Lexical Choice

Tija

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Hi i wonder if you can help me please, i have been given the following question:

How many different lexical choices do we have to say that someone loses their job? Select 5 common ones, describe the situations/contexts in which they would be appropriate and give example sentences for each.

I understand what lexical choices mean but i just don't understand the question.
Am i the employer telling the employee that he/she will lose their job and i have to write 5 ways that i can tell them, (you're fired, your dismissed, made redundant etc) or am i just the third person discussing the loss of a job of an individual? For Example he was sacked, given the boot, redundancy etc)

Many Thanks

Tija
 

emsr2d2

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Hi. I wonder if you can help me please. I have been given the following question:

How many different lexical choices do we have to say that someone loses their job? Select 5 common ones, describe the situations/contexts in which they would be appropriate and give example sentences for each.

I understand what "lexical choices" means but I just don't understand the question.
Am I, the employer, telling the employee that he/she will lose their job and I have to write 5 ways that I can tell them, ("You're fired", "You're dismissed", "made redundant" etc) or am ​I just [STRIKE]the[/STRIKE] a third person discussing the loss of a job of an individual? For example, "He was sacked/given the boot/redundancy" etc.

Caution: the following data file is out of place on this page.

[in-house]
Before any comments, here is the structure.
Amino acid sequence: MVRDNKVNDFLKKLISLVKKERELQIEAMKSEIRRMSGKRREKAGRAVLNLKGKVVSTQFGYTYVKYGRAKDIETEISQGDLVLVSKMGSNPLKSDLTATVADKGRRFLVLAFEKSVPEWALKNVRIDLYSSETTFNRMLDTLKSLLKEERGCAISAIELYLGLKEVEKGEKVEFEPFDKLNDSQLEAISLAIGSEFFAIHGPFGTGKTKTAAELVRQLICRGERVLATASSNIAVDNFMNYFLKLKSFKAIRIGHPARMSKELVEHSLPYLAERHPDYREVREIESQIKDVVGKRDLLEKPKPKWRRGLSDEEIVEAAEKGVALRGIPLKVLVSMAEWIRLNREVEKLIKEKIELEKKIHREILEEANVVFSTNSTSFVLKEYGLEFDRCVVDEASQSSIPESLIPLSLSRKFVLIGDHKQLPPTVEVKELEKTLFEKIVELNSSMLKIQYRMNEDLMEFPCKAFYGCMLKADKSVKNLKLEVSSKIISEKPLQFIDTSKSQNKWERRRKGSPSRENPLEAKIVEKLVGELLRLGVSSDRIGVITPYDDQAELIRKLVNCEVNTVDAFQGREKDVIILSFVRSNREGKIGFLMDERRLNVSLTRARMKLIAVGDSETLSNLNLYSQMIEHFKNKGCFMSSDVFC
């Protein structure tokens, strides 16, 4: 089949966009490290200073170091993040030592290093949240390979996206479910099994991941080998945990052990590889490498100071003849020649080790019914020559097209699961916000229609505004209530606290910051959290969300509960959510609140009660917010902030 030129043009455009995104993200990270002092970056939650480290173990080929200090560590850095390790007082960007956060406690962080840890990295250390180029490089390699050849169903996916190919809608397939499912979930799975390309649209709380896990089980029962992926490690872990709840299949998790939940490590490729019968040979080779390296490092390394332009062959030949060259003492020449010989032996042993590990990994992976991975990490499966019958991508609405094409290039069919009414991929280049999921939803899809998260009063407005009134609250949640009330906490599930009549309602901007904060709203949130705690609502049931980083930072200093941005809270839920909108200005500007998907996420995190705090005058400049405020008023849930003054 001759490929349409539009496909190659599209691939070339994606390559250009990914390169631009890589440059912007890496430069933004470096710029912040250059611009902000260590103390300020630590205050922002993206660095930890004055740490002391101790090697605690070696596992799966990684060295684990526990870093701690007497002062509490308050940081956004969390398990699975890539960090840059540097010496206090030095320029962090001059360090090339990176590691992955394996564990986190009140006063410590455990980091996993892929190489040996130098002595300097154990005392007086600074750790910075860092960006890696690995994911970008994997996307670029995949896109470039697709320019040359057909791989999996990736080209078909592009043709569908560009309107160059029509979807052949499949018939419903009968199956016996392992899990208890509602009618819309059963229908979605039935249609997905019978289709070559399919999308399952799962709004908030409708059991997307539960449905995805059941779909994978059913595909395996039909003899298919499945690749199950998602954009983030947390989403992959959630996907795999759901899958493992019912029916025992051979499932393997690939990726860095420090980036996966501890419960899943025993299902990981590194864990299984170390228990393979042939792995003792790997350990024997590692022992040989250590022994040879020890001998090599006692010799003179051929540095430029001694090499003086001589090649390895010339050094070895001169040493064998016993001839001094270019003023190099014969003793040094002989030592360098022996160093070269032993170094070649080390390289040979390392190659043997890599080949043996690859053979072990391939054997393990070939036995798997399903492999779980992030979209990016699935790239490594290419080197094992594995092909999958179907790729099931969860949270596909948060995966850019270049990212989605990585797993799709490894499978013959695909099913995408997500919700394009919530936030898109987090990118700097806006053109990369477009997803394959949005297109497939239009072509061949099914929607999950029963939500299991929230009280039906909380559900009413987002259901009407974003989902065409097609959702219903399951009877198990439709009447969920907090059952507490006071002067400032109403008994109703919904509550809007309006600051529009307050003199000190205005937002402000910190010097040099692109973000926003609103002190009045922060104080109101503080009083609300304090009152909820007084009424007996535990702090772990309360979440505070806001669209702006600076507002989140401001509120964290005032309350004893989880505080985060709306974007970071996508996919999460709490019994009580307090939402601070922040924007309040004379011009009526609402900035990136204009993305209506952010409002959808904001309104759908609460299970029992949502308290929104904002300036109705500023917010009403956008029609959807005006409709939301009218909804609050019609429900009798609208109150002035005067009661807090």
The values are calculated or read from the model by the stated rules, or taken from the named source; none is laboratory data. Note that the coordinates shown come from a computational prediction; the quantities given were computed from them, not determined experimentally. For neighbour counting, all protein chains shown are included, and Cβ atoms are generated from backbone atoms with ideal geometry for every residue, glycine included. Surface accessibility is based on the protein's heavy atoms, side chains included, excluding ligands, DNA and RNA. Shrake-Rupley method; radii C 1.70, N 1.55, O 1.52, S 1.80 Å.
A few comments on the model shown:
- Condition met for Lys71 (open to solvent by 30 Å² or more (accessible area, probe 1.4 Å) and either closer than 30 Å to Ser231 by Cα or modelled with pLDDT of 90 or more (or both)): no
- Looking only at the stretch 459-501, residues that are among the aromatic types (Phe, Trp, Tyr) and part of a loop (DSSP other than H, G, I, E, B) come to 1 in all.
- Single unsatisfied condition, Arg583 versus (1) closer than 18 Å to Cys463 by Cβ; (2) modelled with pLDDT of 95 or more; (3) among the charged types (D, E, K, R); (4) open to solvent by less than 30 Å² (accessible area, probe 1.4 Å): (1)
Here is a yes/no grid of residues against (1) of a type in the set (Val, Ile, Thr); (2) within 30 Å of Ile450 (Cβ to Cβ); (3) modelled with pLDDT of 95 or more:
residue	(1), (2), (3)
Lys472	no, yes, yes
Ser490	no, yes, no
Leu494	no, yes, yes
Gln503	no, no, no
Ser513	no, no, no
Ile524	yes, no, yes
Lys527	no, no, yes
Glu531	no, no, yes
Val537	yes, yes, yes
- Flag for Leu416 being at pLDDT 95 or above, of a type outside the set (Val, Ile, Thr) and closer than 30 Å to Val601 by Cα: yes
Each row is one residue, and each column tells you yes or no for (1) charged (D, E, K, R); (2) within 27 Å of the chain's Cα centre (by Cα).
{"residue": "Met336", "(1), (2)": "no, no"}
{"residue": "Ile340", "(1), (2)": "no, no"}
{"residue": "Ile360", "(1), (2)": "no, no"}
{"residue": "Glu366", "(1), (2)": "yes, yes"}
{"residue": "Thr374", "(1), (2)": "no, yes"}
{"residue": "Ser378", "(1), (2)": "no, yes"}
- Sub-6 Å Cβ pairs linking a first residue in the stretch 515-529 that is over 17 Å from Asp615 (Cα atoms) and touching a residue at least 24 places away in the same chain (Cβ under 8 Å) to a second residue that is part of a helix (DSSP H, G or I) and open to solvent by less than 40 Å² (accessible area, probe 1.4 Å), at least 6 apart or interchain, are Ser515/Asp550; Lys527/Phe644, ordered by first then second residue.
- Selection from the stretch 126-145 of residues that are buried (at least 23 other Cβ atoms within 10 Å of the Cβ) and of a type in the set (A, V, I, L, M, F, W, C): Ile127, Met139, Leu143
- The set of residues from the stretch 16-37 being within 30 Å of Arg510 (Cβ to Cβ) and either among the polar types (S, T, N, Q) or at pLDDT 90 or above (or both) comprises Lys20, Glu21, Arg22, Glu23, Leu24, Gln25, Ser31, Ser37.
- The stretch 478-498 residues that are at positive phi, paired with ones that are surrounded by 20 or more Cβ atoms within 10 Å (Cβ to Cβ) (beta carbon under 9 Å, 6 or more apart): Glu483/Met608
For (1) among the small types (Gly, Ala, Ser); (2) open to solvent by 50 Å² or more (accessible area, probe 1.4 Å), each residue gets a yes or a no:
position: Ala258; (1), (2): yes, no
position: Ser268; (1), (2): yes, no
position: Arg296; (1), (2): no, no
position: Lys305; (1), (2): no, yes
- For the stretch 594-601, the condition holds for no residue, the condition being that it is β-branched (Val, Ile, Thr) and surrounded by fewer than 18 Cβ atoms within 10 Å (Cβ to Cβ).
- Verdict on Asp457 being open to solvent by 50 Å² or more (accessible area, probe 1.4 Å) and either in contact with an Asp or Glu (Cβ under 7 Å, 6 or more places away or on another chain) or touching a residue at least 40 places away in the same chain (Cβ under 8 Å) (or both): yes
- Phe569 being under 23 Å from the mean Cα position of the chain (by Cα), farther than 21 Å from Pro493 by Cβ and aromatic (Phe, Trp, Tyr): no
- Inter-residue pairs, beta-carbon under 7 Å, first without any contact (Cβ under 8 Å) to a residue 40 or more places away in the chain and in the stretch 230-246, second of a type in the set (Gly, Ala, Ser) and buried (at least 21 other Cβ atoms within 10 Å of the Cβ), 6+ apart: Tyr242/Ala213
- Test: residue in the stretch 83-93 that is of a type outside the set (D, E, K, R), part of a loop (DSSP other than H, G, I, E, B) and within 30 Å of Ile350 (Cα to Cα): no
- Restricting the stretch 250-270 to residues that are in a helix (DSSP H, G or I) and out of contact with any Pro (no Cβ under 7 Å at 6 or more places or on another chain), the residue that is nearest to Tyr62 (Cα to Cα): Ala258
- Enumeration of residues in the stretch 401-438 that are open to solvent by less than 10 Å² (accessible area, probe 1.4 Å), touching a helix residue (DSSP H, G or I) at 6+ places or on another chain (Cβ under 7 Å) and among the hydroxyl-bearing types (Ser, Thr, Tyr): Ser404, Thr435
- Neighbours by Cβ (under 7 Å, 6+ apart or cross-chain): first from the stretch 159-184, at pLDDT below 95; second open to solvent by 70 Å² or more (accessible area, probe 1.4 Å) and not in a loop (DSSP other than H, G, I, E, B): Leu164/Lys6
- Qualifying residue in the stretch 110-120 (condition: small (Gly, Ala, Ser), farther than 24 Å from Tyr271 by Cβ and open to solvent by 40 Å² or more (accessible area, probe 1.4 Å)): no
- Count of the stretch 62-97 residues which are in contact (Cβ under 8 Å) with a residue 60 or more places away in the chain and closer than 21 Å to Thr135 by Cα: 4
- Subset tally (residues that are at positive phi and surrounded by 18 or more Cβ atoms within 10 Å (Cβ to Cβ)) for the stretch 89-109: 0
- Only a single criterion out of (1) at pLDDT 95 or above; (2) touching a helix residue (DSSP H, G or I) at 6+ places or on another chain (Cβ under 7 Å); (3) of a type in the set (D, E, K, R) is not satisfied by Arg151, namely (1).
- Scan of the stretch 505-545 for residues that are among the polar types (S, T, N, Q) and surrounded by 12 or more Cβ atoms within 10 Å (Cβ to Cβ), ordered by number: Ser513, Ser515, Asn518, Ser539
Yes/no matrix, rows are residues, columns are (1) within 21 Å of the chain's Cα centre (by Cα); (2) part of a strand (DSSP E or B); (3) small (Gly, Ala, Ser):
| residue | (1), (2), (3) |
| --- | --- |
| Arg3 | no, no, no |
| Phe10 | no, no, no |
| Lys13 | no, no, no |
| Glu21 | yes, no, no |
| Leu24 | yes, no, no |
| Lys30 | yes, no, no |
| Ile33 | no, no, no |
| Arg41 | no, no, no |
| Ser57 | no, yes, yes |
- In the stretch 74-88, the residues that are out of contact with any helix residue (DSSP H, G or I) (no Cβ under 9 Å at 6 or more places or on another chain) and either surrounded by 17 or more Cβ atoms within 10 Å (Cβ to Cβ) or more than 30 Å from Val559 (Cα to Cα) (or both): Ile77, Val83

Many thanks.

[STRIKE]Tija[/STRIKE] Unnecessary. We can see your username at the top of your post.

Welcome to the forum. :hi:

Where did you find this question?

Please note my corrections above. You must capitalise the word "I" (first person singular) every time you write it. Please make words/phrases/sentences you are querying stand out in some way. You can enclose them in quotation marks, as I did above, or you could italicise them or put them in bold​.
 

GoesStation

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The question is worded to allow you to describe the situation from any perspective you please. Employers sometimes use euphemisms to describe situations that will result in job losses; why do they do that? People who have lost their jobs may choose different words to describe the loss depending on whether or not they chose the change.

(It was tricky to write that paragraph without using any constructs other than "to lose a job" to describe the situation. I don't want to do your work for you!)
 
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